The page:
almost as you thought it.

And as is often said,

you don't actually get into
a Spitfire, you strap one on.

NARRATOR:
But how did this plane, that
survived the battle at Dunkirk,

end up crashing?

From the evidence
of the wreckage

and the position of the engine,

they now believe that
the new pilot was fighting

to save his Spitfire
until the very end.

Had the plane crashed
vertically,

the engine would have been
buried nose down in the ground.

As it was, the engine was flat,

so the aircraft had gone
in at that angle.

It proves that.

NARRATOR:
Their best guess is that

the pilot became disoriented
in the clouds

and came out of them
relatively close to the ground.

Although he tried,

there wasn't quite enough time
for him to react.

You have to say

if the poor guy had probably
been ten foot higher,

he might have got away with it.

Britain had declined to send
a single Spitfire to France.

Now Churchill commits at least
fifteen Spitfire squadrons

to defend the troops.

For the first time,

the Luftwaffe faces Spitfires
en masse.

But will it be enough to allow
the soldiers to escape?

R.A.F. pilots certainly believe
they are making a difference.

During Dunkirk, squadron leader
Geoffrey Stephenson

reports that his squadron
of just 12 Spitfires

holds off an attack force
of 50 German aircraft.

(engine droning)

Stephenson is in action
near Dunkirk on May 26, 1940,

when his Spitfire, N3200,
is shot down in combat.

Stephenson survives the crash,

and for a time
in the summer of 1940,

his Spitfire
is a tourist attraction

for the occupying
German soldiers.

But France does not become
its final resting place.

In 1986 the wreckage
of Stephenson's aircraft

is recovered
and returned to the U.K.

30 years after it was pulled
from the sand,

this is the actual Spitfire
Stephenson flew over Dunkirk,

carefully restored
in every detail

to her original
1940s specification.

JOHN ROMAIN:
So here she is, Steve, N3200.

VIZARD:
Yeah, Geoffrey Stephenson,
fresh from Dunkirk.

Fresh
from Dunkirk.

NARRATOR:
John Romain has spent 28 years

flying Second World War
fighter planes.

VIZARD:
She's exactly
the same markings now as...

Yeah, as she was then.
...as she was.

Exactly, down
to the last detail.

And of course
this airplane was lost

with one bullet going
through one of these pipes.

And, um, that was
enough to...

Causing it
to overheat and...

Overheat,
and he then knew

he wasn't going
to get back to England,

so that's why
he bellied the airplane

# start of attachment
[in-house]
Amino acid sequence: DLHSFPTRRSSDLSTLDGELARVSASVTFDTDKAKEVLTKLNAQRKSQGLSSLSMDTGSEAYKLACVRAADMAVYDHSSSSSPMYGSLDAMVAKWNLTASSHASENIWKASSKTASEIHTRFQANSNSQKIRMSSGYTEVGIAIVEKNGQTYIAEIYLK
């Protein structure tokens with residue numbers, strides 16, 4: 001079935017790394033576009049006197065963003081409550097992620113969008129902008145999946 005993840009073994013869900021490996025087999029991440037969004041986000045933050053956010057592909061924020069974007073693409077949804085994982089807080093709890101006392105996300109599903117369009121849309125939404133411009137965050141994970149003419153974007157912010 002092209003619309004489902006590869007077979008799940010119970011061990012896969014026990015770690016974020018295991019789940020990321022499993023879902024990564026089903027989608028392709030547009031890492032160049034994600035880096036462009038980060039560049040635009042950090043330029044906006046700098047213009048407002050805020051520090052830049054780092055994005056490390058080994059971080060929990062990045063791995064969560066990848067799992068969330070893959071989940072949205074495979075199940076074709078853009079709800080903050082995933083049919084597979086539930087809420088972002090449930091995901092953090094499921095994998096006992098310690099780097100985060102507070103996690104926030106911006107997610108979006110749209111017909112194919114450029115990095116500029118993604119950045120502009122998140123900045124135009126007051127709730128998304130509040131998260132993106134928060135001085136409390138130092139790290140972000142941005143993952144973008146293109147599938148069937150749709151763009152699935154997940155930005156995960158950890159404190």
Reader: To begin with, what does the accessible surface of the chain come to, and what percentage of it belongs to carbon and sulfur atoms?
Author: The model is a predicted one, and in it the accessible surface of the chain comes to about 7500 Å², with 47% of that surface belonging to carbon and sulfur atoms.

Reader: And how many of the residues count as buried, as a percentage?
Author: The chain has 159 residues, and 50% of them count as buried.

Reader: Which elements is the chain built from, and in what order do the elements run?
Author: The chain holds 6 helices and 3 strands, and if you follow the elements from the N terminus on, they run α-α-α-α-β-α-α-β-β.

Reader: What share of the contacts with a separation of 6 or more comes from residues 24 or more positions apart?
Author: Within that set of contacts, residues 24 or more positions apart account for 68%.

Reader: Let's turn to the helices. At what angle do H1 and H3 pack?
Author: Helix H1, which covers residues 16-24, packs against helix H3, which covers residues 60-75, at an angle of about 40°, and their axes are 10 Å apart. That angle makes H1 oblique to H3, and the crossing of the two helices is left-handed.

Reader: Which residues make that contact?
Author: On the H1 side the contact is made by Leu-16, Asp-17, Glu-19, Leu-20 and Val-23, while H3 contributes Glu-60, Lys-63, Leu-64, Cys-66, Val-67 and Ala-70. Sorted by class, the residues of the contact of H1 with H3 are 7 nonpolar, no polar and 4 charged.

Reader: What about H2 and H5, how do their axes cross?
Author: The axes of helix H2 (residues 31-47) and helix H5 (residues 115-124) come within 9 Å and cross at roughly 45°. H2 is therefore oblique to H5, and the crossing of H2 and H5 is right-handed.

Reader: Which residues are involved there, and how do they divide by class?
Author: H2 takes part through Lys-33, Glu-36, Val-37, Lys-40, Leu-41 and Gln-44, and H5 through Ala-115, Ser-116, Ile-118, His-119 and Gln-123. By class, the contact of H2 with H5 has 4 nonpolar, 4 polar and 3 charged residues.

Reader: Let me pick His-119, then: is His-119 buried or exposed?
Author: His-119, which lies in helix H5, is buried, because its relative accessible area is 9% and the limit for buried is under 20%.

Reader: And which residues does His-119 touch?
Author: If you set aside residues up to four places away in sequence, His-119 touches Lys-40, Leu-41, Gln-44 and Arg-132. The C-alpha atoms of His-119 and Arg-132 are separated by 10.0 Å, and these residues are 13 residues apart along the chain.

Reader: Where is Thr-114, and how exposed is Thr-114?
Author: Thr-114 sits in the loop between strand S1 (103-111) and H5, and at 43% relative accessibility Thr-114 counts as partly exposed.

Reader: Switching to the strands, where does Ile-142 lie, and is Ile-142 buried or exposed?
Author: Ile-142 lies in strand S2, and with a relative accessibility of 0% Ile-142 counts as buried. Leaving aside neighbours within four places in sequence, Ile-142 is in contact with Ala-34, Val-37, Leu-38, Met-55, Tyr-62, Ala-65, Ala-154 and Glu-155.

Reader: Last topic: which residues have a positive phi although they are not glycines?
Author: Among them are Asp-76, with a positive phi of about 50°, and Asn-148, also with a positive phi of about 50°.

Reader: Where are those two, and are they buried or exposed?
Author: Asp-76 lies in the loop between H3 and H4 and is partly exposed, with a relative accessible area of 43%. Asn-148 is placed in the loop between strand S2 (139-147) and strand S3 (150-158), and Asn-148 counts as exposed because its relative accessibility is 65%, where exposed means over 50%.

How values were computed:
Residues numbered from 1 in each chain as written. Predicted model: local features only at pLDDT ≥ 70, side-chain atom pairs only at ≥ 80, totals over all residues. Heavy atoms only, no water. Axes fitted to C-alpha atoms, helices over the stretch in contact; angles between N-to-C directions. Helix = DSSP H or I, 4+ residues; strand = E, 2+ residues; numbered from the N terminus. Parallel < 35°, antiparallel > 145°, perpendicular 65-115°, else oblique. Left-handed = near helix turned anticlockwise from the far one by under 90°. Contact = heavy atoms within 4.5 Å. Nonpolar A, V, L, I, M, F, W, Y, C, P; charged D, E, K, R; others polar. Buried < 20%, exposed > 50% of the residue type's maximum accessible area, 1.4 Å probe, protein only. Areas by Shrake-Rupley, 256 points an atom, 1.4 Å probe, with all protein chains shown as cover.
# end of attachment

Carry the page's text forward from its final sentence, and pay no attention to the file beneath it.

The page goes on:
down on the beach.

NARRATOR:
As Spitfire pilots
learn to get the best

out of their new aircraft,

they quickly
add personal modifications

to keep themselves alive.

ROMAIN:
The early airplanes,

they didn't have
rear-view mirrors in them.

So once they started
to get into combat,

they realized that
they needed a mirror.

And so before
they could start

putting them on the airplanes
in production,

all the pilots
started running around

producing
their own mirrors,

and this was
Geoffrey's mirror

from his MG.

NARRATOR:
Kesselring,
the general in charge

of the German air force
at Dunkirk,

admits that the Spitfires were
making Luftwaffe air operations

difficult and costly.

But it still isn't
an even fight.

The British have to hold back
most of their fighters

for the expected invasion
of the U.K.

NOLAN:
Had the decision been made

to deploy everything
the R.A.F. had,

they could have gone in there

and provided
much more extensive air cover.

Would that have
saved some lives?

Probably.

But how many planes
would have been lost?

And that calculus had to be made
that these planes

were critical to the defense
of Britain itself.

The logic I think is impeccable,
and the decision was correct.

(alarm ringing)

NARRATOR:
Resources are so limited that
fewer than 200 R.A.F. pilots

have to fly nearly 2,800
missions across just nine days.

Over the course of
the Dunkirk defense,

they shoot down
78 German aircraft,

but at the cost of
a roughly equal number

of their own planes and pilots.

The sacrifice of
the R.A.F. pilots alone

cannot save the soldiers
trapped at Dunkirk

in a rapidly
deteriorating situation.

I can remember for
the first time smelling death.

NARRATOR:
In May 1940, Garth Wright
was a 20-year-old gunner

in the Royal Artillery.

It was this smell
of rotting corpses.

NARRATOR:
Don Hall was
just 19 years old.

The smell, oh, terrible.

What with bodies
have been laying there

for some considerable time.

NARRATOR:
Getting rescue ships to the
trapped men will be tough.

For nine months,
Hitler has been laying

secret undetectable sea mines

that have already sunk hundreds
of thousands of tons

of Allied shipping.

By the time of Dunkirk,

over a thousand
of these deadly weapons